Bektas, O., Jones, J. A., Sankararaman, S., Roychoudhury, I. & Goebel, K. (2019). A neural network framework for similarity-based prognostics. MethodsX, 6, 383-390
Open this publication in new window or tab >>A neural network framework for similarity-based prognostics
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2019 (English)In: MethodsX, ISSN 1258-780X, E-ISSN 2215-0161, Vol. 6, p. 383-390Article in journal (Refereed) Published
Abstract [en]

Prognostic performance is associated with accurately estimating remaining useful life. Difficulty in accurate prognostic applications can be tackled by processing raw sensor readings into more meaningful and comprehensive health condition indicators that will then provide performance information for remaining useful life estimations. To that end, typically, multiple tasks on data pre-processing and predictions have to be carried out such that tasks can be assessed using different methodological aspects. However, incompatible methods may result in poor performance and consequently lead to undesirable error rates.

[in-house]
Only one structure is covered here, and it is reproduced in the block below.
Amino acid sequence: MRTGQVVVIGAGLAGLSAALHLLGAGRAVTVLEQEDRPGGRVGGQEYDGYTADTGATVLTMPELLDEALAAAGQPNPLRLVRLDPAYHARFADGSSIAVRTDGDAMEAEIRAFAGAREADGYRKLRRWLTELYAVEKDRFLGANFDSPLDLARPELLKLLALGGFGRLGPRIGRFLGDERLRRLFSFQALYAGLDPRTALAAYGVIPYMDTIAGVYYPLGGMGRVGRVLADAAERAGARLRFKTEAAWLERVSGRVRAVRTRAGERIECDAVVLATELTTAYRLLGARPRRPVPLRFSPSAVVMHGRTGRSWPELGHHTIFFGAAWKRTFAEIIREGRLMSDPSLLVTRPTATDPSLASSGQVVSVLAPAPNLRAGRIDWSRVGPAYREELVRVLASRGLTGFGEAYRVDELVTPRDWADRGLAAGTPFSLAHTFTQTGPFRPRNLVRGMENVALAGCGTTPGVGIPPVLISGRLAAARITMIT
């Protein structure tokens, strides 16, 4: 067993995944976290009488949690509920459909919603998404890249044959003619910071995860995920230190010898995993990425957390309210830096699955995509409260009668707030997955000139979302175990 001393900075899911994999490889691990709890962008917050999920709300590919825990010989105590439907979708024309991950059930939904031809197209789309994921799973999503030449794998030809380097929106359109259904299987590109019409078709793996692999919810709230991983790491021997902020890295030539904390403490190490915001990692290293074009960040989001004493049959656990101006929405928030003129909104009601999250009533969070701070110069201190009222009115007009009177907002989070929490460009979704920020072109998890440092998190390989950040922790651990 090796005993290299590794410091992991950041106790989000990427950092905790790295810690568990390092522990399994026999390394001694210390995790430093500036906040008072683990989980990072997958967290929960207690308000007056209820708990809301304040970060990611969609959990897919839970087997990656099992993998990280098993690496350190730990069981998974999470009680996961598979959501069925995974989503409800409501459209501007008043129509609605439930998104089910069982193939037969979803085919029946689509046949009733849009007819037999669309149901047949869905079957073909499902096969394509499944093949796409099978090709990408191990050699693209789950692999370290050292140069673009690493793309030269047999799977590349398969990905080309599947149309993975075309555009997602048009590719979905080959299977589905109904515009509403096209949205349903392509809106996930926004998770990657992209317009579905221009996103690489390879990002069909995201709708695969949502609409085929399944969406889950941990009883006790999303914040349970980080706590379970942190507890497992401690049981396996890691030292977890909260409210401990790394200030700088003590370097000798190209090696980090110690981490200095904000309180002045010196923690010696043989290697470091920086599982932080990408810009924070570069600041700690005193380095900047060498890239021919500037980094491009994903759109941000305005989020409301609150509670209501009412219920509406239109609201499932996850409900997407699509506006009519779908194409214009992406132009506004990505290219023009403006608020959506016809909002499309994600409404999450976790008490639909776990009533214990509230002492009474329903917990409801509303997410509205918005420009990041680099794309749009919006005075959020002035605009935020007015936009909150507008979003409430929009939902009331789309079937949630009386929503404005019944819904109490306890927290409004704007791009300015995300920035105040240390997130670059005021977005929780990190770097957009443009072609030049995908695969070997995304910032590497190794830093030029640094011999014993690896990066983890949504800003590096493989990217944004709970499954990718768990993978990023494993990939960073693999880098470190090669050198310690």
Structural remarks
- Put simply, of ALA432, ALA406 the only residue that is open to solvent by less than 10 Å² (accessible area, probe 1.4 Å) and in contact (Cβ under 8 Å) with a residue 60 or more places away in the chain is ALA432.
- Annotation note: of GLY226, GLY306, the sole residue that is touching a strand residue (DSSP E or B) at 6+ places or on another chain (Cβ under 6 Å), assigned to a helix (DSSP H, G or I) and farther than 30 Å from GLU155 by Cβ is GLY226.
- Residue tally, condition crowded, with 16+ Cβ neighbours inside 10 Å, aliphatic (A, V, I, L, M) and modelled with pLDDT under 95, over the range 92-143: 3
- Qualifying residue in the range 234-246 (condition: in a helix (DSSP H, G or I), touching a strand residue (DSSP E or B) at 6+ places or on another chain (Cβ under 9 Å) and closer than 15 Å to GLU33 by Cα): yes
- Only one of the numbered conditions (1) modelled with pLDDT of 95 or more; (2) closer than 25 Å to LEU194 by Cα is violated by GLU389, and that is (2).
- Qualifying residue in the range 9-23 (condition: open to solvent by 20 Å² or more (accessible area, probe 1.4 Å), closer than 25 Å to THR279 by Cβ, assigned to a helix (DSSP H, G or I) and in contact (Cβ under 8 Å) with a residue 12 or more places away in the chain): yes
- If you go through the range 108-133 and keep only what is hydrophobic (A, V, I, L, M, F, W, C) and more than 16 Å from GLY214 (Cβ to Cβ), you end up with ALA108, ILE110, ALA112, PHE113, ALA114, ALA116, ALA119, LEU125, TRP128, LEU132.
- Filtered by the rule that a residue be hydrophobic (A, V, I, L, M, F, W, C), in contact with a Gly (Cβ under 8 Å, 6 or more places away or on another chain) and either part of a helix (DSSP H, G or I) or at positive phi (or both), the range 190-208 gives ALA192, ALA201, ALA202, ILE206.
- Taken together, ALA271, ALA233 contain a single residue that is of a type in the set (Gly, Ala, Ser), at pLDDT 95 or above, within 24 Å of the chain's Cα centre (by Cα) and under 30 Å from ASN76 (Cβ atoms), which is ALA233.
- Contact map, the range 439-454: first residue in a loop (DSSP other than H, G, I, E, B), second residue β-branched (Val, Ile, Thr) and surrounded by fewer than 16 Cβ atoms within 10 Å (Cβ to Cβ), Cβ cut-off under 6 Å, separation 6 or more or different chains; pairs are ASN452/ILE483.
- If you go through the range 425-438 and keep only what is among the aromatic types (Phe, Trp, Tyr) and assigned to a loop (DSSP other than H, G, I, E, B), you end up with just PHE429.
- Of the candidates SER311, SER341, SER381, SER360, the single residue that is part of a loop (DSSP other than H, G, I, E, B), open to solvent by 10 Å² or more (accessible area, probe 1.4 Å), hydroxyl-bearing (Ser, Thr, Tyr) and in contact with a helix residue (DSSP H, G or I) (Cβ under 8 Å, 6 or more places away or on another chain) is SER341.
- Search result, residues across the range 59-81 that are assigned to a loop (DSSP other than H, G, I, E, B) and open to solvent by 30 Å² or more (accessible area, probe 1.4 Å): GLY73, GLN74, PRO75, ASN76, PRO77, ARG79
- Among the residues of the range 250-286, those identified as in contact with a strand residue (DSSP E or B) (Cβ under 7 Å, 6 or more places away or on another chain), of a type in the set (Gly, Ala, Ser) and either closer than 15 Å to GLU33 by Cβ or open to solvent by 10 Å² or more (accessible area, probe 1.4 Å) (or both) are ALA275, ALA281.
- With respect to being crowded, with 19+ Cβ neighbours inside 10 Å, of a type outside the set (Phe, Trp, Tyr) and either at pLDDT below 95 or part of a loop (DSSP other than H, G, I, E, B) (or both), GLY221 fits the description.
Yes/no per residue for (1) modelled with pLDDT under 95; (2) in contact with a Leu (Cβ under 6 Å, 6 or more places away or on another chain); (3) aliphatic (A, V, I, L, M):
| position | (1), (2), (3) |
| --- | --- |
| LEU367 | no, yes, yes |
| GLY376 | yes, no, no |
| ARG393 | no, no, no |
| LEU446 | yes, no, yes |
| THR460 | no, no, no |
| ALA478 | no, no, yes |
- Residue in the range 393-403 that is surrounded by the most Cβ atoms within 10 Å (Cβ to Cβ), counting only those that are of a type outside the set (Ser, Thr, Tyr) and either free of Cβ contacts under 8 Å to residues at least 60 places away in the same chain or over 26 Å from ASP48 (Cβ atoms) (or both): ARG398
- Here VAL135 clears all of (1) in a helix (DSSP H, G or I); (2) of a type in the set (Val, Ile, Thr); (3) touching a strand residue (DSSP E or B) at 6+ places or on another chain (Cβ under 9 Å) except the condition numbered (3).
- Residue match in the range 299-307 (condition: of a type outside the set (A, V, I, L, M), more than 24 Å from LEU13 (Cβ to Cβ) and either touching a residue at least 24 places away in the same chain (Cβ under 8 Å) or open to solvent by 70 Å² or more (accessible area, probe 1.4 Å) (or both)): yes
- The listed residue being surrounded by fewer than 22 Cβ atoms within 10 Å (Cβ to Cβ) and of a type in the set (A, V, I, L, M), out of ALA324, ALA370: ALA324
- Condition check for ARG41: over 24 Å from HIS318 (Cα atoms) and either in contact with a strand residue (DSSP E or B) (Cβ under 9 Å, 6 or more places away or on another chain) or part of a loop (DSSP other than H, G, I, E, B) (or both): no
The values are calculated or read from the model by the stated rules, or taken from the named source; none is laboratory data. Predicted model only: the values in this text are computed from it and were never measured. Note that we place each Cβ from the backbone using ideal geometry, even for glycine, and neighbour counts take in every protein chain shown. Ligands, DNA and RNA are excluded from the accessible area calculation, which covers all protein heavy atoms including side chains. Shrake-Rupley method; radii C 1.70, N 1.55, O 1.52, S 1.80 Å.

The present research evaluates data training and prediction stages. A data-driven prognostic method based on a feed-forward neural network framework is first defined to calculate the performance of a complex system. Then, the health indicators are used in a similarity based remaining useful life estimation method. This framework presents a conceptual prognostic protocol that overcomes challenges presented by multi-regime condition monitoring data.

Place, publisher, year, edition, pages
Elsevier, 2019
Keywords
Similarity based RUL calculation, Artificial neural networks, Data-driven prognostics
National Category
Other Civil Engineering
Research subject
Operation and Maintenance
Identifiers
urn:nbn:se:ltu:diva-73190 (URN)10.1016/j.mex.2019.02.015 (DOI)000493729600043 ()30859074 (PubMedID)2-s2.0-85062036500 (Scopus ID)
Note

Validerad;2019;Nivå 2;2019-03-14 (johcin)

Available from: 2019-03-14 Created: 2019-03-14 Last updated: 2019-11-22Bibliographically approved
Li, Z., Goebel, K. & Wu, D. (2019). Degradation Modeling and Remaining Useful Life Prediction of Aircraft Engines Using Ensemble Learning. Journal of engineering for gas turbines and power, 41(4), Article ID 041008.
Open this publication in new window or tab >>Degradation Modeling and Remaining Useful Life Prediction of Aircraft Engines Using Ensemble Learning